Searching over 5,500,000 cases.


searching
Buy This Entire Record For $7.95

Download the entire decision to receive the complete text, official citation,
docket number, dissents and concurrences, and footnotes for this case.

Learn more about what you receive with purchase of this case.

Jones v. Barra

United States District Court, D. Nevada

July 23, 2015

BRIAN FRANK JONES, Plaintiff,
v.
ROBERT BARRA, Defendant.

ORDER

GLORIA M. NAVARRO, CHIEF JUDGE

Pending before the Court is a civil action filed by Plaintiff Brian Frank Jones (“Plaintiff”) against Defendant Robert Barra (“Defendant”). (Compl., ECF No. 1). Defendant filed a Motion to Dismiss. (ECF No. 13). Plaintiff filed his Response in opposition (ECF No. 14), and Defendant subsequently filed a Reply (ECF No. 15).

I. BACKGROUND

According to the Complaint, Plaintiff and Defendant were business partners. (Compl. ¶ 9, ECF No. 1). On August 20, 2007, Plaintiff claims that in accordance with a written promissory note, he loaned Defendant $700, 000, which was to be repaid “within three years with payments to be made semiannually with the due date of payments being six months following the time of the last payment until the entire debt was retired, and bearing interest at the rate of 4% per annum.” (Id. at ¶ 13). Plaintiff asserts that he loaned an additional $75, 000 to Defendant on February 7, 2008, and the parties entered into “an amended and restated written promissory note that reflected the additional $75, 000 disbursed . . . [and] required Defendant to transfer 10% of his personal stock in CryptoMetrics to Plaintiff.” (Id. at ¶¶ 14– 15). Plaintiff claims both promissory notes are within Defendant’s possession, and “Defendant has refused to provide a copy to Plaintiff.” (Id. at ¶¶ 13, 15).

Plaintiff alleges that Defendant repaid $190, 000 of the loan between June 13, 2008, and February 5, 2009, but has refused to make any additional payments since that date or provide copies of the promissory notes despite making promises to do so. (Id. at ¶¶ 17–19). Plaintiff filed his Complaint for breach of contract and breach of the implied covenant of good faith and fair dealing on January 30, 2015. (Compl., ECF No. 1).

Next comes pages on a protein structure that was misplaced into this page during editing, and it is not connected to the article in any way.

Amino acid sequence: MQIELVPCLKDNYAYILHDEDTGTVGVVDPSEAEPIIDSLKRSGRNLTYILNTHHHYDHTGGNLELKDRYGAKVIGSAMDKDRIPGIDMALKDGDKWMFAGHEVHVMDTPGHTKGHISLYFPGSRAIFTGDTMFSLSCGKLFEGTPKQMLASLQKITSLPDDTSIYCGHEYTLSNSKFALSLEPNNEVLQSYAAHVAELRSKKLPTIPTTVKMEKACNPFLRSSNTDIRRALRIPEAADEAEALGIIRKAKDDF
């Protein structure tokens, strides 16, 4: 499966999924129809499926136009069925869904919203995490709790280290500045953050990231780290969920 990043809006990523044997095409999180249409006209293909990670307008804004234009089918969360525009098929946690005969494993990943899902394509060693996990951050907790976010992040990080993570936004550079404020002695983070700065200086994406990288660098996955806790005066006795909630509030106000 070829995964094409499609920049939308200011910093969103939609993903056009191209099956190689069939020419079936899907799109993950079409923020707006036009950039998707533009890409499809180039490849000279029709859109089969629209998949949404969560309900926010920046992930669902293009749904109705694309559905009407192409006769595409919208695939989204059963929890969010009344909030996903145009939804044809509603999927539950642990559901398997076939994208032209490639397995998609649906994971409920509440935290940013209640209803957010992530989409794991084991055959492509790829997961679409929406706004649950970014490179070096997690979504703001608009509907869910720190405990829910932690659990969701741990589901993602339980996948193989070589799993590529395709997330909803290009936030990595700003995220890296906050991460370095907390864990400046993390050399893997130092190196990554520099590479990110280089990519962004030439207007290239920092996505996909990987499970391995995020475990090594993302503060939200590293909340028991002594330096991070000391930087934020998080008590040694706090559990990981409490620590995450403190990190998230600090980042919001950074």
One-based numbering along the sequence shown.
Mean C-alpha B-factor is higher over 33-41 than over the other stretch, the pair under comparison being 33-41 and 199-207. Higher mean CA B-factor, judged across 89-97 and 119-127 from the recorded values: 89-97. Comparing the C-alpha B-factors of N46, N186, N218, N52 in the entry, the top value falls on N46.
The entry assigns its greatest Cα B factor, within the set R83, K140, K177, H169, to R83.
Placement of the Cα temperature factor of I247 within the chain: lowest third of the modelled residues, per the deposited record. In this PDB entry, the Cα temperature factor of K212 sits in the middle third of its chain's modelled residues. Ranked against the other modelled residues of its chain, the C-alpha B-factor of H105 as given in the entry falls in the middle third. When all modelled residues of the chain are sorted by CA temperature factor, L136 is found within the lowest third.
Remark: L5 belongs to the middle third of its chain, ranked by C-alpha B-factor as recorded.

II. LEGAL STANDARD

Dismissal is appropriate under Rule 12(b)(6) where a pleader fails to state a claim upon which relief can be granted. Fed.R.Civ.P. 12(b)(6); Bell Atl. Corp. v. Twombly, 550 U.S. 544, 555 (2007). A pleading must give fair notice of a legally cognizable claim and the grounds on which it rests, and although a court must take all factual allegations as true, legal conclusions couched as a factual allegations are insufficient. Twombly, 550 U.S. at 555. Accordingly, Rule 12(b)(6) requires “more than labels and conclusions, and a formulaic recitation of the elements of a cause of action will not do.” Id. “To survive a motion to dismiss, a complaint must contain sufficient factual matter, accepted as true, to ‘state a claim to relief that is plausible on its face.’” Ashcroft v. Iqbal, 556 U.S. 662, 678 (2009) (quoting Twombly, 550 U.S. at 570). “A claim has facial plausibility when the plaintiff pleads factual content that allows the court to draw the reasonable inference that the defendant is liable for the misconduct alleged.” Id. (quoting Twombly, 550 U.S. at 556). This standard “asks for more than a sheer possibility that a defendant has acted unlawfully.” Id.